Creativity moves from the specific (the core ideas of a creative work) to the general (the creative ideas that define how the creative work develops)
The Chains Technique looks for links that can be made between general creative ideasand the specific ideas on – and with – which a piece of work is being constructed.
Through plotting out the links (or steps) that connect general creative ideas back to the core subject (specific ideas) a logical progression for a creative passage is created.
Through plotting out a series of such chains of ideas – each chain linking back in different ways (i.e. along different creative pathways) to the core subject of a creative work – the basic structure of a creative text (or other creative work) is established.
How does Chains work?
The Chains creative technique creates an overview of creative themes that could structure a creative work.
Each chain begins with a specific idea and extends out through the means of a linked series of general creative ideas.
The following rules apply in the Chains Technique:
An idea is just a link in a chain of knowledge.
A chain is a relationship between two or more ideas.
A relationship is a general concept applying to two or more ideas in the chain.
By setting out the creative general ideas in the form of links in chains of knowledge (or concepts, or themes or images etc) the Chains technique can help to visualise the entire structure of a creative text (or other creative work)
The following is an example of the Chains technique used in the construction of The Tailor.
The following illustration shows how the Chains Technique is used to develop a picture of the chains of themes, concepts and general creative ideas that link back to the specific idea in order to construct the paragraphs set out in this example.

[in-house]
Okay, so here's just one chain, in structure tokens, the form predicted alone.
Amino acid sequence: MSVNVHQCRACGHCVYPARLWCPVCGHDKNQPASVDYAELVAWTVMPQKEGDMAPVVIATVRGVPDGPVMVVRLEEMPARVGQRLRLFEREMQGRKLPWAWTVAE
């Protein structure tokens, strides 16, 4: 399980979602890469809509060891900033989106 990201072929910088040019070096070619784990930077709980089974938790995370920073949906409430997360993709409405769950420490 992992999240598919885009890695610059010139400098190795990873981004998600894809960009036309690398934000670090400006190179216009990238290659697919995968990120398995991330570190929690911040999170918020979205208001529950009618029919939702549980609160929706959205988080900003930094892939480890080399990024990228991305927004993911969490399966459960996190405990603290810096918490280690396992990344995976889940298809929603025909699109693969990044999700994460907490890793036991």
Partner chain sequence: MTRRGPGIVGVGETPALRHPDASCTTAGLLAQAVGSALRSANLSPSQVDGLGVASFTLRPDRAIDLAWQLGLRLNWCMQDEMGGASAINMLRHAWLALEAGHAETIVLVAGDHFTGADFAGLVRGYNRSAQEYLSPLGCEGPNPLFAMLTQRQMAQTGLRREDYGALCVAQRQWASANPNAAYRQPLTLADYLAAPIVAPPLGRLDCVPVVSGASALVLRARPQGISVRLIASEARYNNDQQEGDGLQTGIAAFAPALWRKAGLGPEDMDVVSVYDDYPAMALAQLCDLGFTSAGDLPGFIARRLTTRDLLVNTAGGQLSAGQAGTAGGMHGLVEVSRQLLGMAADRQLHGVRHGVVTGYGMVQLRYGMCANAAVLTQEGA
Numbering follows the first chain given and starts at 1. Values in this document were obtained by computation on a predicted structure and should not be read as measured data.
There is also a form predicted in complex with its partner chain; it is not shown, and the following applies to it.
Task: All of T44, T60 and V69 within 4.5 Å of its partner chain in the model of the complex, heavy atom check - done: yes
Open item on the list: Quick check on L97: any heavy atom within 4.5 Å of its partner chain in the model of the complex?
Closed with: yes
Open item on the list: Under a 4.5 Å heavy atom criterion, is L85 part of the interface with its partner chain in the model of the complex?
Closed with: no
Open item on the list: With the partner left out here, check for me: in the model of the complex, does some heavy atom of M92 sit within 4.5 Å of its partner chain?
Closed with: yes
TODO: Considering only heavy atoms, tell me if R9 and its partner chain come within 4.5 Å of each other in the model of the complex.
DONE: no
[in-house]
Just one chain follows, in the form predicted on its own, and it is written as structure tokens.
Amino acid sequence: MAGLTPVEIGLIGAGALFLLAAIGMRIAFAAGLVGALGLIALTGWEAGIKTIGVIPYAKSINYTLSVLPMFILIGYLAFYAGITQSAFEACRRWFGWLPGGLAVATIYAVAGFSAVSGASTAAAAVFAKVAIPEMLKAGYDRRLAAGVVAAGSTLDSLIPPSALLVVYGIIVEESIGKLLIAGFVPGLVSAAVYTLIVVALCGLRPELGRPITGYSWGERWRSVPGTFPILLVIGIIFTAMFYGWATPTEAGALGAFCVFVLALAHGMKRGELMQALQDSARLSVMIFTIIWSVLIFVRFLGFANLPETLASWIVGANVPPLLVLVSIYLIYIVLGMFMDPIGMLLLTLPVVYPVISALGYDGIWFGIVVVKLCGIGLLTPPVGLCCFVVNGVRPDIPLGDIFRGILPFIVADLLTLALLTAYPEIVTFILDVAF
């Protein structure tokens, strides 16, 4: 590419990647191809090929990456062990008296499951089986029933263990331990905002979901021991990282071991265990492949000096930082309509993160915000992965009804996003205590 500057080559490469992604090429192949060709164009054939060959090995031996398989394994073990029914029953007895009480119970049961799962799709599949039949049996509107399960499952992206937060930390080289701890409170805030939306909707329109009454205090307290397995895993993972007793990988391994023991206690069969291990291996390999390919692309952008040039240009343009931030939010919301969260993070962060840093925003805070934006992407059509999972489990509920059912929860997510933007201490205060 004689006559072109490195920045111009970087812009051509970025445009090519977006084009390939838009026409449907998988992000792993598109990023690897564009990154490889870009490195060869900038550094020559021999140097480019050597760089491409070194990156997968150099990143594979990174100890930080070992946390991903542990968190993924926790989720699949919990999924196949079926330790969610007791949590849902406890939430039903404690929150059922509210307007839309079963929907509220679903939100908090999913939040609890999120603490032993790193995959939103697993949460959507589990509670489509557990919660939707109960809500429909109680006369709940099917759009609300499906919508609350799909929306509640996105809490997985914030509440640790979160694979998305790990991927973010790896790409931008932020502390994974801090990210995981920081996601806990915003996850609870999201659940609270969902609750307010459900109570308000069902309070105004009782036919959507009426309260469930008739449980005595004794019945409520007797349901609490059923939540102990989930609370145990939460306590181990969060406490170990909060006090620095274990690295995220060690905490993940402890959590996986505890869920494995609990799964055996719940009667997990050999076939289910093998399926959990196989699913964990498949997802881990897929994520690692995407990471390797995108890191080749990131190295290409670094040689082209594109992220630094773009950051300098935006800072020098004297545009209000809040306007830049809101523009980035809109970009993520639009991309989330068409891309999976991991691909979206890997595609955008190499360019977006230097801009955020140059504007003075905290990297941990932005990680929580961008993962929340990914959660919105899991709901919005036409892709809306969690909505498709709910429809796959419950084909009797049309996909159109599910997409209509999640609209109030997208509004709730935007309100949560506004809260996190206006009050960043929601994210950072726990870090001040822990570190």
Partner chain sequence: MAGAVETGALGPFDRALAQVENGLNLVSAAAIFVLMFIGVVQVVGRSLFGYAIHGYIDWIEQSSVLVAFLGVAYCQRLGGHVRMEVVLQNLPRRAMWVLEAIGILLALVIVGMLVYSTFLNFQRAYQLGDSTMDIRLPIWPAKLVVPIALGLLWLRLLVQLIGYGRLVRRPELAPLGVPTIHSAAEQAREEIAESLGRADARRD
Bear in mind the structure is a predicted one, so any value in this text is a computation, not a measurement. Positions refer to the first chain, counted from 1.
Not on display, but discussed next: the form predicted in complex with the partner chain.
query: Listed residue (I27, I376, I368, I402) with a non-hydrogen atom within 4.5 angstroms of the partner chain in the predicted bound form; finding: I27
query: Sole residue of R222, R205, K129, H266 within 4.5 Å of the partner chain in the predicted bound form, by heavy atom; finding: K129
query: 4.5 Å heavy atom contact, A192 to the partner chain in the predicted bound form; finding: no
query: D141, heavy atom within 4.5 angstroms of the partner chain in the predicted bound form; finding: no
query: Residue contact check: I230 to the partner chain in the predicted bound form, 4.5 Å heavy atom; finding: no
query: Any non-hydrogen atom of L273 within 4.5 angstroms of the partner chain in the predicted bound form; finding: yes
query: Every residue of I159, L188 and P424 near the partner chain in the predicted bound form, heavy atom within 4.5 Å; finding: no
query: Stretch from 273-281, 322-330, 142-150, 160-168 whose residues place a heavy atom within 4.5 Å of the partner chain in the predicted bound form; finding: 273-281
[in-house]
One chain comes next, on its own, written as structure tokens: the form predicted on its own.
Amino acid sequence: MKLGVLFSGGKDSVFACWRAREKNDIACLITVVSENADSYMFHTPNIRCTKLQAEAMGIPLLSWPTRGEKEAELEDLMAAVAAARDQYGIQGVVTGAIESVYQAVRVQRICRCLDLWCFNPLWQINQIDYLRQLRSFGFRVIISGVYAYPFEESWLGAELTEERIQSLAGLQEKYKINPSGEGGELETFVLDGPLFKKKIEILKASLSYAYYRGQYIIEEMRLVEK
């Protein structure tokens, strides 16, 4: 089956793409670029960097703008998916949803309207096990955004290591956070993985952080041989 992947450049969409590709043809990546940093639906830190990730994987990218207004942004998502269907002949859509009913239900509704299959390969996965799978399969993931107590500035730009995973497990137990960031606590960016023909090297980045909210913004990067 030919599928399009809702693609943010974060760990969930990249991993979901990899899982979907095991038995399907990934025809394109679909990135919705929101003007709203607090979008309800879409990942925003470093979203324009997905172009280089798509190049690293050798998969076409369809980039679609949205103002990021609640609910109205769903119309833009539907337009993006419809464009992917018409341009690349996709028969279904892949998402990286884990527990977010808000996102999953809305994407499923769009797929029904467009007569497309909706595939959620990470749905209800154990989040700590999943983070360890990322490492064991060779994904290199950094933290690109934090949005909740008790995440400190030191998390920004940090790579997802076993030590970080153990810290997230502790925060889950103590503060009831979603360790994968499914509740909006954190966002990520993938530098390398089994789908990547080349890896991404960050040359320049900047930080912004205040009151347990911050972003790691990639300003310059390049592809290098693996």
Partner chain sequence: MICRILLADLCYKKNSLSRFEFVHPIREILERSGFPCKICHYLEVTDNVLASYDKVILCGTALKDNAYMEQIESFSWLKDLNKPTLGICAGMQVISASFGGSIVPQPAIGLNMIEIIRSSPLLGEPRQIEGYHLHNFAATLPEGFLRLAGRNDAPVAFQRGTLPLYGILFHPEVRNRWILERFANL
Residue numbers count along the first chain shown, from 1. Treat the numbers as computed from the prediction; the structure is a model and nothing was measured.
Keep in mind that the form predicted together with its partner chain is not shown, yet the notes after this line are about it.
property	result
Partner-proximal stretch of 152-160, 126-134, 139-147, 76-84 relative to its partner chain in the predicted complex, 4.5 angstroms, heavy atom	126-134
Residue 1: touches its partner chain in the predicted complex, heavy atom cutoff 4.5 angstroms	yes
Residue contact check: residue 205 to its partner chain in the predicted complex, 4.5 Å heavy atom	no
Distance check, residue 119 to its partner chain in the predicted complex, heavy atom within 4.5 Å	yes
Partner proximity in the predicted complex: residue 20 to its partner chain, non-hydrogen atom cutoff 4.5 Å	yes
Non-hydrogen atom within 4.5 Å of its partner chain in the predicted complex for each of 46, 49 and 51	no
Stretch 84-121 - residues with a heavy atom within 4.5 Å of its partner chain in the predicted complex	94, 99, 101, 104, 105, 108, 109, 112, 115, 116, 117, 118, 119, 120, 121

As with all creativity the structure of each paragraph consists of a specific idea – the core theme of the paragraph – and then the general ideas – the creative ideas with their chains of connections that link these creative general ideas back to the core subject (or the specific idea).
The Specific Ideas
The river at the centre of the valley and at the centre of the story
The river is an analogy of the passage of lives through the valley, becoming ever deeper and heavier with ideas and experience as they progress.
Anjali followed the footpath, which was muddy in places, and sat down on the dry stone wall edging of the bridge. She could see the water playing across boulders and tugging at willow branches as it ran down towards her from upstream. The cold and angled light of the late afternoon made the water appear to flow like silk. To Anjali it also had the allure of silk. When you stand amongst it, touch it, smell it, you know that those who deny its power are the ones who lack the honesty that silk has in its every stitch. The most beautiful of fabrics will always support you. You just need to reach out to them.
Doubt, for Anjali, like the damp of the valley, was always in the air. Her understanding of what she had achieved with her fabrics, the way that her designs had lifted and carried the presentation to the Danish Board, was beginning to evaporate as mist evaporates as the morning advances. Anjali looked down into the quiet river, hoping that some explanation would be swirling in its steady depths. All she could see was the empty flow of water against the scattered gravel bed of the river. Then there was a ripple of wind across the valley. The flat surface of the waters creased and a light drizzle, which had come from nowhere, trimmed the surface with a sequin of circles. The pattern had altered. The river was running with reflections again. Anjali stared deeply into the weaving waters and the outline of an idea soaked into her mind.
‘Did you think I would forget you?’ said the river.
Essential Glanside is a detailed process that can help manage the development of original artwork and written work through the use of Glanside Creative Techniques.